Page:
The Lambert W function is the function that satisfies

 z = W(z) e^{W(z)}.

So it seems reasonable something like this would come up when inverting the cumulative distribution function. An important thing about this function is that it is double valued! There are two branches. When I asked Mathematica to solve the problem, it chose a branch and the branch it chose turned out to be the wrong one. I wondered for a while why I was not getting reasonable velocity values when I plugged in random numbers, and after a bit I realized I needed to choose the other branch.

The next problem I ran into was that I did know of a way to actually evaluate the Lambert W function in actionscript. So I turned to the asymptotic expansions. It turned out I was in a regime where the argument of the Lambert W tended to be large. I took the first few terms in the expansion about \infty for the Lambert W. I verified that over the parameter ranges I could expect in Physibounce that the difference between the Lambert W and the expansion was less than 1%. Since it's pretty hard to look at the speeds of a bunch of objects and determine the distribution of their speeds, I thought this was more than good enough, though I did include a check to make sure no particles were created with speed greater than c. In the end the code ended up only being a few lines, but quite a bit of thought went into each of the lines!

See the ActionScript code here.

Being Cautious of Mathematical Models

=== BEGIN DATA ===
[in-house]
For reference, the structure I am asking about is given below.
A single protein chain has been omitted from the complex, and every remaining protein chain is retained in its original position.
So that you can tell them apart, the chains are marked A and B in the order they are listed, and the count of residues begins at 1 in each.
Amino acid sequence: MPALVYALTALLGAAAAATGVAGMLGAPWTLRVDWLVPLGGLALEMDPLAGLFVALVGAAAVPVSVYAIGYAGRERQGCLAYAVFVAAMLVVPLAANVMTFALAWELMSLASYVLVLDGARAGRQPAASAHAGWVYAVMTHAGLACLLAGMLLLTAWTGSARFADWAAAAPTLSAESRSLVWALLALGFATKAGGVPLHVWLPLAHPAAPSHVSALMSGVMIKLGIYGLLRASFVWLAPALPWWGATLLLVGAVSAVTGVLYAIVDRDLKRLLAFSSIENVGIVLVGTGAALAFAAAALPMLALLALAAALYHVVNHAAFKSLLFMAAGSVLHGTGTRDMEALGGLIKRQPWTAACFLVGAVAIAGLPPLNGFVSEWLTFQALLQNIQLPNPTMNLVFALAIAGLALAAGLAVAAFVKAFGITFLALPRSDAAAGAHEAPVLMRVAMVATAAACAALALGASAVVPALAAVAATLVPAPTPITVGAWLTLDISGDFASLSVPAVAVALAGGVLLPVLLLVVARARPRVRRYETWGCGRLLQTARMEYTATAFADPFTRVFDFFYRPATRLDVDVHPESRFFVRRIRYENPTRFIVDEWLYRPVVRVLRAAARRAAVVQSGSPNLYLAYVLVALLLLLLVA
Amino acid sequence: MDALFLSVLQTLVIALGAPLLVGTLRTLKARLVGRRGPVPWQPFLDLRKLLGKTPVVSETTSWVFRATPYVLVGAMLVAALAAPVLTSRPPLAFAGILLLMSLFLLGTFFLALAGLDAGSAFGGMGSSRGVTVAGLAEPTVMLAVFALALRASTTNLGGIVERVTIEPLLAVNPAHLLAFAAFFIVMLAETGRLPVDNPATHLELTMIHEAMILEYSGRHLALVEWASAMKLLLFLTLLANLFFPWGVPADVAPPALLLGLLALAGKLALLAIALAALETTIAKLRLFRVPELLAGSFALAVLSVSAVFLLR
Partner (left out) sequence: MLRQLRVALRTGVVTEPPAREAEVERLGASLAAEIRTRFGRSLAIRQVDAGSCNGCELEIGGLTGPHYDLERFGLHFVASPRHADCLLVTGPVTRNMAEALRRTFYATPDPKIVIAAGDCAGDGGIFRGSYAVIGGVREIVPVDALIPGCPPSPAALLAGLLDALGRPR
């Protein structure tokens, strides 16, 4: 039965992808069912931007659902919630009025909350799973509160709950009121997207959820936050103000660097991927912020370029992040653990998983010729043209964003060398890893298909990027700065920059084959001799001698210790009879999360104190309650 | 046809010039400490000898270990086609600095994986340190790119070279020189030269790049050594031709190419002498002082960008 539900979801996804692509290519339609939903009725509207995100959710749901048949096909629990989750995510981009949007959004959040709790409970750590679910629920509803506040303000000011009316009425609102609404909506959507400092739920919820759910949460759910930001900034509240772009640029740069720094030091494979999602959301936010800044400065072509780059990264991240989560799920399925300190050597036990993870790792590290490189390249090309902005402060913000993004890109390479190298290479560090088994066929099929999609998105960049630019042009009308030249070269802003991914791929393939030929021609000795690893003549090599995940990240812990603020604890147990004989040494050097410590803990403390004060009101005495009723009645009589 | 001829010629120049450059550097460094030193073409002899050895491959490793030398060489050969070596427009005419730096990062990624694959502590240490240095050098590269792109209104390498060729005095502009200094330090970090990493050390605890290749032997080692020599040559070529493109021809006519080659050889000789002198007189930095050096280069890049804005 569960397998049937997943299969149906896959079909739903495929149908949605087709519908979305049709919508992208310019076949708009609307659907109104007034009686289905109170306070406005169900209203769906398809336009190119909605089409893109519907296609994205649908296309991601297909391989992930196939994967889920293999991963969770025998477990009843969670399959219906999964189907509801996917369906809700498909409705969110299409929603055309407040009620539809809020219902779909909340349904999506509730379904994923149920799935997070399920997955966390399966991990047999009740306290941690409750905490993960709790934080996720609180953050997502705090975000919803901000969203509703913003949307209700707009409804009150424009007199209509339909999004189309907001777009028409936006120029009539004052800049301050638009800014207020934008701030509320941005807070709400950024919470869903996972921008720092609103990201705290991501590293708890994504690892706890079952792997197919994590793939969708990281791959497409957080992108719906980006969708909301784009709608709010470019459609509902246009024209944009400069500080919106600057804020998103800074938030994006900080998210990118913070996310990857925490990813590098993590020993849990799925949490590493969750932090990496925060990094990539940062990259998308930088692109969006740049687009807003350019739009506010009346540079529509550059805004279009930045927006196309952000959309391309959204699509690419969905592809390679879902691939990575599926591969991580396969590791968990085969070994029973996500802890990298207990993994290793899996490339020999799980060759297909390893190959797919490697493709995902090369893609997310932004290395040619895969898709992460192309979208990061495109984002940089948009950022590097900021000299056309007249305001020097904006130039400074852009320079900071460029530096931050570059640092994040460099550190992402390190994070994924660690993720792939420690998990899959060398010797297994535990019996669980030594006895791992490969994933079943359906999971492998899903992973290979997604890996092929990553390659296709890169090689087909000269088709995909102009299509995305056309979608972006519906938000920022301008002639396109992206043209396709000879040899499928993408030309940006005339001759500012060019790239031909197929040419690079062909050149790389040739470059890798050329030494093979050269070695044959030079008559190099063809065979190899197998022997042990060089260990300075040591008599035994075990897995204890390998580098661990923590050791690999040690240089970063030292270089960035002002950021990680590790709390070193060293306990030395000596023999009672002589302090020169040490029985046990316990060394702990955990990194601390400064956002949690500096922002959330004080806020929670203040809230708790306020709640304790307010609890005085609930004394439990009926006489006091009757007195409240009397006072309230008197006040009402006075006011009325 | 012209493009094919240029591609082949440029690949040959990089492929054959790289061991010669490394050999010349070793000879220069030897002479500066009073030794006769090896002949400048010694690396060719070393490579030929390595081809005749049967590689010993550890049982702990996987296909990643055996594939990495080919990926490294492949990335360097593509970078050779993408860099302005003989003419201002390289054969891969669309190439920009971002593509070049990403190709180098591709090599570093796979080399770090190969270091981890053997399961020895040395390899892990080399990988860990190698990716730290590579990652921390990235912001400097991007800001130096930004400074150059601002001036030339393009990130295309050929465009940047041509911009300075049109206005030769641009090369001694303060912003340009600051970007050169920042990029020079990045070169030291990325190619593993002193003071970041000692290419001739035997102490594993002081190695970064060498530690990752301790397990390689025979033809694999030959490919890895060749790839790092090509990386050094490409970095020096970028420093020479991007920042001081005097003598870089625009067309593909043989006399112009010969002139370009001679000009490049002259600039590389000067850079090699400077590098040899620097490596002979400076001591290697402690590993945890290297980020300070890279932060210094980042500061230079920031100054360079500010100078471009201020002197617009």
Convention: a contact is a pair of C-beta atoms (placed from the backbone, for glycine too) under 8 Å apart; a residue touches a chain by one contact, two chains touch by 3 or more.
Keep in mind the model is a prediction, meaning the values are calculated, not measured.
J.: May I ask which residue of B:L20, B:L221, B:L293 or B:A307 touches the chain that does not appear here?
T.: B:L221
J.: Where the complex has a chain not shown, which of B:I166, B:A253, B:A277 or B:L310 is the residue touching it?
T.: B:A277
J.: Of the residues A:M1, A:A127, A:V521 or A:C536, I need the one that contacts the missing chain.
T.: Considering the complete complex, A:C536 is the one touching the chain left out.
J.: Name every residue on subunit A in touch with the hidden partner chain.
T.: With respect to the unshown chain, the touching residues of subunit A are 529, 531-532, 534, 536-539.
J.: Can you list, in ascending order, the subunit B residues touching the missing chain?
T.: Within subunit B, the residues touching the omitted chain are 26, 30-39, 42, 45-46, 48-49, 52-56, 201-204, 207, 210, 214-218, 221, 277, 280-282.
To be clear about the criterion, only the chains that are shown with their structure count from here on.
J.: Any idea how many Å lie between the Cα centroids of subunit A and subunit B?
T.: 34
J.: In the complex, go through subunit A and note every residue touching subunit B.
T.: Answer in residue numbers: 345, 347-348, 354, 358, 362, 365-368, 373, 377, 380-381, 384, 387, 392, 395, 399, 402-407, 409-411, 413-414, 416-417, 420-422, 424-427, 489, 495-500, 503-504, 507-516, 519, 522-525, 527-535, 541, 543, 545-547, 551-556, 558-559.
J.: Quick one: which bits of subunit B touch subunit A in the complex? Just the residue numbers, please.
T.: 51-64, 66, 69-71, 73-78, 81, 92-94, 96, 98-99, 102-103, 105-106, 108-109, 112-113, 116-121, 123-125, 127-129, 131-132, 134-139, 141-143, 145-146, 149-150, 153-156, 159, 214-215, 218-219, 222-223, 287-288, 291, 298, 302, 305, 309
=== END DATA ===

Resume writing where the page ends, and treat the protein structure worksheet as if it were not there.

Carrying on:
I recently read [1], which tries to create difficult Sudoku puzzles using mathematical modeling and physics. I found it interesting that while the arguments in the paper are sound, the "extremely challenging" puzzle they create is only somewhat challenging, and is much easier than the paper's examples of hard puzzles. So, what went wrong?

I am guessing the key issue was that only two methods for solving Sudoku puzzles were considered. While the two considered are common methods for solving the puzzles, there are other ways. In fact, the "extremely challenging" puzzle produced in the paper was only challenging if one stuck to the two methods, and was easier using other methods. While it is impossible for a mathematical model to consider every possible thought process that a human could make, including more of them can only make the results better. Modern galactic simulations require a handful of physics models including radiation, hydrodynamics, and gravity [2]. Only with all these different models are they able to make accurate predictions.

Does this mean that all models that don't take into account dozens of factors shouldn't be believed? Not at all. There can be great, accurate models that still "ignore" some of reality. A good example of this is Newtonian physics. When describing most objects we encounter in everyday life, we see that Newtonian physics works well. However, if we want to study particles moving close to the speed of light (such as a muon created in the atmosphere), Newtonian physics gives the wrong result and special relativity should be used. Does this mean learning Newtonian physics as a freshman in college is useless? Not at all, a lot of the world can be described by Newtonian physics with extremely small errors. To use special relativity in constructing a bridge would be overkill, and would increase the amount of work the engineers have to do (and if the engineers were smart, they would take the c\to\infty limit and get Newtonian physics out anyways).